Toni Collette doubt about bastion formulaic of alias!

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The action still remains quite stagy, especially once a sudden downpour sends the partiers rushing indoors from Michael’s enviable rooftop terrace. (Production designer Judy Becker created the lavish sets in a Hollywood studio.) A quick shot reveals — with what appears to be a pop-cultural wink — that someone left a cake out in the rain, signaling tears to come.

Crowley, who died in March and to whom the film is dedicated, was ahead of his time in putting gay men’s unvarnished lives front and center on stage, without the veil of allegory used by other LGBTQ writers of that era and earlier, like Tennessee Williams. The Boys in the Band in many ways is dated and formulaic. But it’s also very much alive, an invaluable record of the destructive force of societal rejection, even in a bastion of liberal acceptance like New York City. Despite its flaws, this consistently engaging film provides a vital window for young queer audiences into the difficult lives of their forebears.

I’m Thinking of Ending Things is based on the book of the same name by Iain Reid. But this movie is first and foremost a Charlie Kaufman movie. Now if you have never heard of that name before then this might not be a movie for you. Charlie Kaufman is as much an auteur as say Hitchcock or Spielberg. But like Tarantino or Anderson (both Wes and Paul) Kaufman’s flavor of movies is an acquired taste. And this movie is NO DIFFERENT. This movie is layered upon layered with themes, subtext, and motifs that would make an English Teacher bluff. And the biggest problem that a lot of viewers will have is that it doesn’t hold your hand.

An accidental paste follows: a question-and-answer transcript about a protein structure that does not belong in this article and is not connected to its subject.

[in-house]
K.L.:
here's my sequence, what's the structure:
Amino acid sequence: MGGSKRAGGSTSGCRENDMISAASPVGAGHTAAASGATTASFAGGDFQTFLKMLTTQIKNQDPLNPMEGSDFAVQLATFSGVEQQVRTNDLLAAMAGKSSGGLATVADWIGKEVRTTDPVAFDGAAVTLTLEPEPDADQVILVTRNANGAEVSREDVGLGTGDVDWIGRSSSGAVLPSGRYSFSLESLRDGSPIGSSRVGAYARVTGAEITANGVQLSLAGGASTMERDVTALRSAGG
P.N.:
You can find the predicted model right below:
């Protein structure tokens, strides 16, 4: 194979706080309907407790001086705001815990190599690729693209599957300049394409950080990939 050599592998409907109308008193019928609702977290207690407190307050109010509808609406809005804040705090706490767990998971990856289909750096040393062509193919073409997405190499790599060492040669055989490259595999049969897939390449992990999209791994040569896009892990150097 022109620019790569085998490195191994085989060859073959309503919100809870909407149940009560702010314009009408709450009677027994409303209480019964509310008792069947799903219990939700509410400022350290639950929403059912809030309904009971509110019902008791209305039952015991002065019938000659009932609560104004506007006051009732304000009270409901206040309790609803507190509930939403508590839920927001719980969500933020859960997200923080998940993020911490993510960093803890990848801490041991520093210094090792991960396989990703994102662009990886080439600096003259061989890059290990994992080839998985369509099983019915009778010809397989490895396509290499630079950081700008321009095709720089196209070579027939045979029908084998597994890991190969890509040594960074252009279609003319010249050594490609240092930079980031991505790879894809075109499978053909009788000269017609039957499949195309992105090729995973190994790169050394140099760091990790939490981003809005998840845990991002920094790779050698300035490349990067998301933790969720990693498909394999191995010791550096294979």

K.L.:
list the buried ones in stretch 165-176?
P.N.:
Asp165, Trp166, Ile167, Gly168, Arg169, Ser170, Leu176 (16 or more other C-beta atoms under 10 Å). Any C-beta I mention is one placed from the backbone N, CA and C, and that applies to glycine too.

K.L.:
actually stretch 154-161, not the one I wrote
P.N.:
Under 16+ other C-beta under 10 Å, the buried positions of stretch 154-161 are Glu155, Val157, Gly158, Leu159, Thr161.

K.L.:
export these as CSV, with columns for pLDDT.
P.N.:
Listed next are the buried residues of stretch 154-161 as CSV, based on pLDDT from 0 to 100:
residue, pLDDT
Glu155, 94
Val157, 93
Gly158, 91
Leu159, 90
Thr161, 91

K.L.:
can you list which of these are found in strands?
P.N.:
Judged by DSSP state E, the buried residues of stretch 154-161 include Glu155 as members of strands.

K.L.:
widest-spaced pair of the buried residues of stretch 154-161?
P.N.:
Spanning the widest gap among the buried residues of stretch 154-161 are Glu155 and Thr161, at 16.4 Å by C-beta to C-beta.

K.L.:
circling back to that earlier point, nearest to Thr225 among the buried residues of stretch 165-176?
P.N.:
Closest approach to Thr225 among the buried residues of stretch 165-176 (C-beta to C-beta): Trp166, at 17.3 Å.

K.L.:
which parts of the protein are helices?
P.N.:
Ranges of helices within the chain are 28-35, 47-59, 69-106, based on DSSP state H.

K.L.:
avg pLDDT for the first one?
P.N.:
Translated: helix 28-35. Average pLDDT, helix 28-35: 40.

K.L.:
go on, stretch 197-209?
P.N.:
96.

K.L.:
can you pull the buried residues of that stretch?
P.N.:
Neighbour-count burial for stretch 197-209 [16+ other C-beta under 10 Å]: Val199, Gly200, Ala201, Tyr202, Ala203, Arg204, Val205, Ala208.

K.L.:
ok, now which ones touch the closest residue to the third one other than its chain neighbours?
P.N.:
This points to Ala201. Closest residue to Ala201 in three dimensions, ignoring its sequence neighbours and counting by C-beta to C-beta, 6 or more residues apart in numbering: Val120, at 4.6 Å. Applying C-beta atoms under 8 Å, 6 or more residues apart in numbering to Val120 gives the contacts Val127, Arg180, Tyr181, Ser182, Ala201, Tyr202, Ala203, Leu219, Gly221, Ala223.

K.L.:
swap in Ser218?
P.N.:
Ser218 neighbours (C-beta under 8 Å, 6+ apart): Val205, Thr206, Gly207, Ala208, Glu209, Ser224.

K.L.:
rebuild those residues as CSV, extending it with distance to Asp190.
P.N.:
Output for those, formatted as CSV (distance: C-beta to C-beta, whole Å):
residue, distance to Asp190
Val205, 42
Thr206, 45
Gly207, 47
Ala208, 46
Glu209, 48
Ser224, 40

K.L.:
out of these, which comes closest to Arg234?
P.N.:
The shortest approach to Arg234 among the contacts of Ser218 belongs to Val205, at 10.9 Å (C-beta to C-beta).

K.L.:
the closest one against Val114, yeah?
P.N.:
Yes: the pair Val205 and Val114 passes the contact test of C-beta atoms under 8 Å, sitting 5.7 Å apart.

So after letting the movie sit in my brain and marinate for a while, how is it? Well, as simply as I can put it, “It’s amazing, I think?” Don’t get me wrong, it’s not a bad movie, but I’ve had to sit through the movie a couple times and even then I still don’t fully get it. I know this movie is like Inception in a way, it needs multiple viewings to fully grasp the overall idea of the movie, and even then you still might feel a bit lost.

If there is one thing Kaufman excels at it’s ideas and dialogue. The opening 20 minutes are just in a car. Now while this maybe bad on paper (and it should be) it’s actually pretty exceptional. The intercuts of voice over and dialogue is intertwined beautifully. Kaufman gets so much out of Jesse Plemons and Jessie Buckley. The way they talk and act, it really does feel like a couple trying to figure out if their relationship will last. It also is genius how the go about giving us exposition. Two characters stuck in a car during a snow storm, what else can they do but talk?

Even the dinner scene with Toni Collette and David Thewlis is incredible. The acting, writing, directing, and editing for this scene is about as good as it can get. Like the rest of the movie, it’s layered, it’s complex, it’s unsettling, and gets multiple points across without having to spell it out for us. Everyone here brings it and it shows — it really does.